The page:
To prepare an effective email campaign, you not only need a talented chef but also the right ingredients measured in the right proportions. These can be the selection of the right products, prices, content, or shipping time. But what matters the most is who we're cooking our campaign for. After all, everyone is unique and while some users prefer getting the most out of their budget, others will be satisfied only with premium products of their favorite brands.
What’s driving the decision-making process of your customers can sometimes seem like a mystery. According to Salesforce, as many as 52% of consumers change brands due to mismatched marketing communication. Walker consultants, on the other hand, suggest that around 86% of customers are willing to spend more if they are provided with the right experience. The key, then, is to understand the customer's intentions.
For this reason, the best e-marketing chefs are constantly working on creating personas, i.e. profiling customers and segmenting them. This form of art is not only difficult, because it requires experience and understanding of the industry, but also laborious.
In addition, segmentation can be based on the soft and hard characteristics of a person. For instance, a soft characteristic can refer to a client called "collector" as in furniture jargon. It's usually someone from the upper-middle class in their sixties. Hard characteristics, on the other hand, go to the most important demographics—age, earnings, having children, location, etc.
But the more marketers there are, the more ideas of segmentation emerge as well as the number of data you can use.
Thus, preparing a single campaign is related to the working hours of many people from the sales, analytics, eCommerce, and marketing departments.
However, there is a segmentation model that does not require the participation of many people, and, at the same time, always works in eCommerce.
Ladies and gentlemen, please raise your glasses, because on the golden plate appears... scoring segmentation!
Scoring is a clever and versatile way to segment your customers. But when you are grouping clients based on hard data (time since last purchase, average cart value, etc.), you should always take into consideration the characteristics of your market niche.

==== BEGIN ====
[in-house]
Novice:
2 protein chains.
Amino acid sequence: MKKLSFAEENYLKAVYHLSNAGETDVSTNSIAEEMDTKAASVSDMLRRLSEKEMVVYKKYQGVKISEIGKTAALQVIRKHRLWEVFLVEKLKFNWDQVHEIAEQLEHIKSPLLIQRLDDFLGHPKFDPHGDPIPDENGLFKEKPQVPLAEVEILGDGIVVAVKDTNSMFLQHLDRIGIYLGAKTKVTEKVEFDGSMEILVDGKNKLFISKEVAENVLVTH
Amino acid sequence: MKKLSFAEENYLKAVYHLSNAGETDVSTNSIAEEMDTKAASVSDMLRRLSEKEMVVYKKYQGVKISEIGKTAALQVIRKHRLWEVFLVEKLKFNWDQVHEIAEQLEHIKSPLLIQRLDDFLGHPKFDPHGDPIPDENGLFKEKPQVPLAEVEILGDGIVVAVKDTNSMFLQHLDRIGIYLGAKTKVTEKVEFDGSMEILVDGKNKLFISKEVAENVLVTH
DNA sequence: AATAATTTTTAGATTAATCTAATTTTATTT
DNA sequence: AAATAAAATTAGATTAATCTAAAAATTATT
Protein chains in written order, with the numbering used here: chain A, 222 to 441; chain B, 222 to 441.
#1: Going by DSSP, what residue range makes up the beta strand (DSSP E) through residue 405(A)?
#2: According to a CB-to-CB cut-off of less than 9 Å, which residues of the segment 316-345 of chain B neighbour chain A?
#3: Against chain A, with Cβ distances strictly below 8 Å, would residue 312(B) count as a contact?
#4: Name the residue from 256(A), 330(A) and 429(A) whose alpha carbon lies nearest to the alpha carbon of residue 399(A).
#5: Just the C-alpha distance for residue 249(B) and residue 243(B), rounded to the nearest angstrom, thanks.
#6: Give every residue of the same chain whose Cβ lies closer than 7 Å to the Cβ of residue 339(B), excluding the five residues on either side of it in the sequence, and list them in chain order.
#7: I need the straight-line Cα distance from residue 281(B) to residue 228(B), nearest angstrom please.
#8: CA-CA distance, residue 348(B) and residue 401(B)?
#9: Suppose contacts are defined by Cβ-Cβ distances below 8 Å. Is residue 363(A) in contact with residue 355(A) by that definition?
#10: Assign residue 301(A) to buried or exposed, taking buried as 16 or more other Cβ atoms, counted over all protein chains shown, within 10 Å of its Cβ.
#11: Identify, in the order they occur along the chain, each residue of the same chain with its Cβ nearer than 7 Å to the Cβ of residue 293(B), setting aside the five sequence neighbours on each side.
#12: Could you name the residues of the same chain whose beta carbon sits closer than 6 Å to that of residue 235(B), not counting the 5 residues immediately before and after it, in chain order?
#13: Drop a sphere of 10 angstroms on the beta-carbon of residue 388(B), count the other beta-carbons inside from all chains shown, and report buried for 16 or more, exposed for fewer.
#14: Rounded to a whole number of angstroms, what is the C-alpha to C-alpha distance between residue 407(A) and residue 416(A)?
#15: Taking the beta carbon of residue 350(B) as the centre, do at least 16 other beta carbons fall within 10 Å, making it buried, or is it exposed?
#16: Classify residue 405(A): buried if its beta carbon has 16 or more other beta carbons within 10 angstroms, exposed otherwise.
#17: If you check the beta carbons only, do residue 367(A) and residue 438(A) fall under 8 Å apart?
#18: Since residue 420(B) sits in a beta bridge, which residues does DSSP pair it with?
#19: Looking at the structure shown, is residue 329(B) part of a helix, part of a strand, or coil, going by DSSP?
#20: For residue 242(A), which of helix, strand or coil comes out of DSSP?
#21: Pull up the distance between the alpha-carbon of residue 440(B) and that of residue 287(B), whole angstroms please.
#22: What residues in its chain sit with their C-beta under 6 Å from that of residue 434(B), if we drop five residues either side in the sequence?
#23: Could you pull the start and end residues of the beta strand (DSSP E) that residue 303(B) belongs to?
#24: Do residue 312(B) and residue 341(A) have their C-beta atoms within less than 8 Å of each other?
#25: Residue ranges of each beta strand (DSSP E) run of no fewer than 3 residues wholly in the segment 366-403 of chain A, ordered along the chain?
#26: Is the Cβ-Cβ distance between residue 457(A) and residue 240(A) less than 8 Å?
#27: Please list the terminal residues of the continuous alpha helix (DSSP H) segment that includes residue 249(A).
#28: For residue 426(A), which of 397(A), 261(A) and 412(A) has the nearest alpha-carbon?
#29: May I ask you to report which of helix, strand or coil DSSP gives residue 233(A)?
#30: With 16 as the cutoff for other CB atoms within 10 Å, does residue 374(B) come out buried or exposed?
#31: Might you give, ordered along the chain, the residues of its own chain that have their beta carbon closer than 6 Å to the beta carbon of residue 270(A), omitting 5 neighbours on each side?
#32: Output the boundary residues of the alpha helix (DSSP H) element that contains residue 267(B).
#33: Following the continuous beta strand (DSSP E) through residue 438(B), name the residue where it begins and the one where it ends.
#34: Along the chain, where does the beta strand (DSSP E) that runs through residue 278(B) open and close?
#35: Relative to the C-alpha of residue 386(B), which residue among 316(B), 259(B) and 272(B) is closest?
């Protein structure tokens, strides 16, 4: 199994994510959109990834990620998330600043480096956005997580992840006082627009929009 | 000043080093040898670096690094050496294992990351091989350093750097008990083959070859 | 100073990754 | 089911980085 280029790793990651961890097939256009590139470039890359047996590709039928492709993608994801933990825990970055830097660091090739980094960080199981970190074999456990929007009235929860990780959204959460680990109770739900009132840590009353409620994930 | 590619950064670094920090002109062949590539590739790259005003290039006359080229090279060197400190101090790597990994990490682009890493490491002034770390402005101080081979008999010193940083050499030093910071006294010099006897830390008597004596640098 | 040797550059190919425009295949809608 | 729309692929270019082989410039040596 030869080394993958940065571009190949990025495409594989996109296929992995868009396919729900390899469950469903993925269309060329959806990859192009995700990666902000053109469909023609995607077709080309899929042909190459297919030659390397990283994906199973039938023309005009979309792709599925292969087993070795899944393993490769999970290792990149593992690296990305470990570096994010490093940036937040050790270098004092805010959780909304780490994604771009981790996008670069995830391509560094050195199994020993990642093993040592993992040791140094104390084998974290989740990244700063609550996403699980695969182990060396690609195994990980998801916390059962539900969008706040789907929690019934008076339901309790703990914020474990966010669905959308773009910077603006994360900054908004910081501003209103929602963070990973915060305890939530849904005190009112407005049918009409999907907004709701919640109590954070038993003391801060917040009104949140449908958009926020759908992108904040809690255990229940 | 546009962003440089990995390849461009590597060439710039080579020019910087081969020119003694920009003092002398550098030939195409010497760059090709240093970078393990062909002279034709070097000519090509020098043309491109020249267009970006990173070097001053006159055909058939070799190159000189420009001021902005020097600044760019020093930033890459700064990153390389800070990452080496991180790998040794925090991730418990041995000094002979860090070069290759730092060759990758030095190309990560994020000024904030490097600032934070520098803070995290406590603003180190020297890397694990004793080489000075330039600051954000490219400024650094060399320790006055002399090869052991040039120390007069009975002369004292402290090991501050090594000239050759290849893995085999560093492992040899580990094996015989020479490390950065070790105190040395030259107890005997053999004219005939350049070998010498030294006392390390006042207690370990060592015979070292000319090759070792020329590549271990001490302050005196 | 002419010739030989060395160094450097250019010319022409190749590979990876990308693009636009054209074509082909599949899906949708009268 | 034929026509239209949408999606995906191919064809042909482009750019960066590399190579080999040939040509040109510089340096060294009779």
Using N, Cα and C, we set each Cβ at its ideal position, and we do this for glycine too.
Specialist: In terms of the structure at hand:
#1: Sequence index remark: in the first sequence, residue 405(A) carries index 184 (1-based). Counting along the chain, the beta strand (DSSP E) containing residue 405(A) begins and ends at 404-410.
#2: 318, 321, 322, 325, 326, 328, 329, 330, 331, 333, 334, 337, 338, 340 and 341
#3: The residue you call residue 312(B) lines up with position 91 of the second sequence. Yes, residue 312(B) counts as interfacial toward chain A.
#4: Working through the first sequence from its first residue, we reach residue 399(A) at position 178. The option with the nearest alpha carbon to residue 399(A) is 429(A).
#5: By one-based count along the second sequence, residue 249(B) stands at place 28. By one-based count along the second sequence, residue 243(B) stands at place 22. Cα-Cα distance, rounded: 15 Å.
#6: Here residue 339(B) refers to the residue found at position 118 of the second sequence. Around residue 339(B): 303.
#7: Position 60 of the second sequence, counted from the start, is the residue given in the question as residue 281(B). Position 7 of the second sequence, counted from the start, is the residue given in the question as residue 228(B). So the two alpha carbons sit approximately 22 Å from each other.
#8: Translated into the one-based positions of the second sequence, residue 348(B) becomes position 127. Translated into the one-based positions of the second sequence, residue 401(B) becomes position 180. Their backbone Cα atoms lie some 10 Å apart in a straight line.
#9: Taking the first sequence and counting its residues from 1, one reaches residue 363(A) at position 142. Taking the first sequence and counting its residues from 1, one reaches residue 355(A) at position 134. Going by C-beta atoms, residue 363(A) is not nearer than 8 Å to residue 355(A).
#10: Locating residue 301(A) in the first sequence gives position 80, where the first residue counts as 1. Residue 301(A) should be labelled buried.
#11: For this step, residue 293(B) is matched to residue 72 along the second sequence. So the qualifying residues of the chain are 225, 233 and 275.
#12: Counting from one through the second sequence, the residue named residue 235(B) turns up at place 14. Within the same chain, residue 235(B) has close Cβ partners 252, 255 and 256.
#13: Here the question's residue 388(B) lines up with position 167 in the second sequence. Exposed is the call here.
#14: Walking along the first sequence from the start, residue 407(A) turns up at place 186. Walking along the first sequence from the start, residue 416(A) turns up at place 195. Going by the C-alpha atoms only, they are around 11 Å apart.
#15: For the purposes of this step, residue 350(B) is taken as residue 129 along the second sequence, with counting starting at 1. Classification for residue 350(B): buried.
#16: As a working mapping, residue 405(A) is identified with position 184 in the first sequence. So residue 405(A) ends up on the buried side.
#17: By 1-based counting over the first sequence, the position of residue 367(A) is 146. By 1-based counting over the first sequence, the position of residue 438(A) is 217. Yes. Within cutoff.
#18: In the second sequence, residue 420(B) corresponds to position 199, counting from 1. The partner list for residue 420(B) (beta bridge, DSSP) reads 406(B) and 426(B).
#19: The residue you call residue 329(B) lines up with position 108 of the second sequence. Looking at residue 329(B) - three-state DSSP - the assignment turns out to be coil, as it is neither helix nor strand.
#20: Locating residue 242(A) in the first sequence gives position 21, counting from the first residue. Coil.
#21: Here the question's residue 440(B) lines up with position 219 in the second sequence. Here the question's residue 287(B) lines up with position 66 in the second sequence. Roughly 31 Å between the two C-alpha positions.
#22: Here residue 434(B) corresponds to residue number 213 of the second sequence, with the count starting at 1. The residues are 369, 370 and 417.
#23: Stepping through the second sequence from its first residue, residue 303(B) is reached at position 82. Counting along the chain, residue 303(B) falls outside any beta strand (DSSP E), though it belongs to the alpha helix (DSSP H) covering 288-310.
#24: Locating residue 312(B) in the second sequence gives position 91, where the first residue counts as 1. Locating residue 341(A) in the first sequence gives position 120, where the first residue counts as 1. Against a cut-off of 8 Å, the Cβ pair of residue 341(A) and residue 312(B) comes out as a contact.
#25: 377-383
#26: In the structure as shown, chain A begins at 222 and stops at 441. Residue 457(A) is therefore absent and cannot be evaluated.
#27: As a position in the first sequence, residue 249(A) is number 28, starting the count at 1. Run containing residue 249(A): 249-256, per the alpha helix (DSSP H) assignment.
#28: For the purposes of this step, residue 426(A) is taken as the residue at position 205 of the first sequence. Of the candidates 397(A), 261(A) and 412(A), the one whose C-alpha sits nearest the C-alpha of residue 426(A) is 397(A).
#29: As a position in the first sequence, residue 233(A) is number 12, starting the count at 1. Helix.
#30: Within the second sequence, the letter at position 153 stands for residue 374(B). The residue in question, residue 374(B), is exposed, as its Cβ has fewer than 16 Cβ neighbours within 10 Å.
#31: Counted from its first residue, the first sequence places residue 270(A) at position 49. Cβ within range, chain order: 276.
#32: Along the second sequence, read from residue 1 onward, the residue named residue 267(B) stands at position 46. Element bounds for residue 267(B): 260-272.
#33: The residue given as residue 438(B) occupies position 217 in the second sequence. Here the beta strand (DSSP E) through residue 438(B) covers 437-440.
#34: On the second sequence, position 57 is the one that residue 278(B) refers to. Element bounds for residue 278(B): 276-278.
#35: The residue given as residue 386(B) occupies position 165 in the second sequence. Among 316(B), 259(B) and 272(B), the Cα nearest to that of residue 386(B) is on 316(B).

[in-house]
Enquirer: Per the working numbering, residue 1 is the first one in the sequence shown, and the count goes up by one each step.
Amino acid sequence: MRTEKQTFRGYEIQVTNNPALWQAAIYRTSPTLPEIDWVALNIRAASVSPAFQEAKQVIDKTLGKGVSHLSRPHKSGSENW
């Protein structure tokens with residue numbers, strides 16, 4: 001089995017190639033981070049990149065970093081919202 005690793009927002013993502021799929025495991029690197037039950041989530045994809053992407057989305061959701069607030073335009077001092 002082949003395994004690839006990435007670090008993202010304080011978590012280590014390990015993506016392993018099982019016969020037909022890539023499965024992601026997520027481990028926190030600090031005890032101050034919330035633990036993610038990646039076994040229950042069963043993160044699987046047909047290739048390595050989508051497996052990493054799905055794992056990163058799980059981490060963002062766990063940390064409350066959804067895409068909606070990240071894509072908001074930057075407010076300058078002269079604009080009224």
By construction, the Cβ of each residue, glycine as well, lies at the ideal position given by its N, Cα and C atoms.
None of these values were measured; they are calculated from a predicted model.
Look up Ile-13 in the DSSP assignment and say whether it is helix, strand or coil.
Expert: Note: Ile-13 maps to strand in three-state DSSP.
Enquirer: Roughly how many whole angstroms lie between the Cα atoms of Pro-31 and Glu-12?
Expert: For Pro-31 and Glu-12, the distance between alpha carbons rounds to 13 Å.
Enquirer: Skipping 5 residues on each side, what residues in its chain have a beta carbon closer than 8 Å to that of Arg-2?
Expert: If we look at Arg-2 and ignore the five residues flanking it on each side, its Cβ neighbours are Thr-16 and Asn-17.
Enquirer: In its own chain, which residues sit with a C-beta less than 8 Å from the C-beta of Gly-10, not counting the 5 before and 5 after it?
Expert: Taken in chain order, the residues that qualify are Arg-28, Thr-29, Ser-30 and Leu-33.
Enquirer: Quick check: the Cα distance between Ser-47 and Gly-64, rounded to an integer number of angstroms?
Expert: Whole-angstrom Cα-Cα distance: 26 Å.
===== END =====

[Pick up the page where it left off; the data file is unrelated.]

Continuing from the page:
For example, if you run an online store with garden supplies, you will have to deal with seasonality. This means that if a customer returns only every six months, it's not a bad indicator. In comparison, if you have an online pet store and your customers don't come back in 2 to 5 weeks, it could mean that they have bought pet food elsewhere.
What a company usually does is build segments based on hard data starting over and over again. But with a proper scoring method, you can take into account the whole context and make the whole process much easier.
In a scoring system, we build benchmarks using the lowest and highest values from a given parameter in our store and assess the score of our customers depending on where they are located between these lines.
There are many scoring segmentation models and one of the most popular is the RFM. This model is nothing more than assessing points in three categories–Recency, Frequency, and Monetary.
Personally, I use a scale of 1-5 taking into account hundredths (e.g. 3.87), but this, in my opinion, really depends on the size of the store and, consequently, how deep we can afford to go.
After all, it makes no sense to divide the score too much if we have several thousand customers in the database. But a more detailed clustering could pay if we have hundreds of thousands of them in our granary.
I build my benchmark on an annual basis, i.e.:
· For Recency, the rating of 1.00 is the longest period since the last purchase, and 5.00 is the shortest period since the last purchase in store history.
· For Frequency, the rating of 1.00 represents only 1 purchase per year without return, and 5.00 is the largest number of purchases made in the last year by a single customer.
· For Monetary, the rating of 1.00 represents the lowest value of customer's orders, and a score of 5.00 represents the highest value of all orders placed by a single customer over the last year.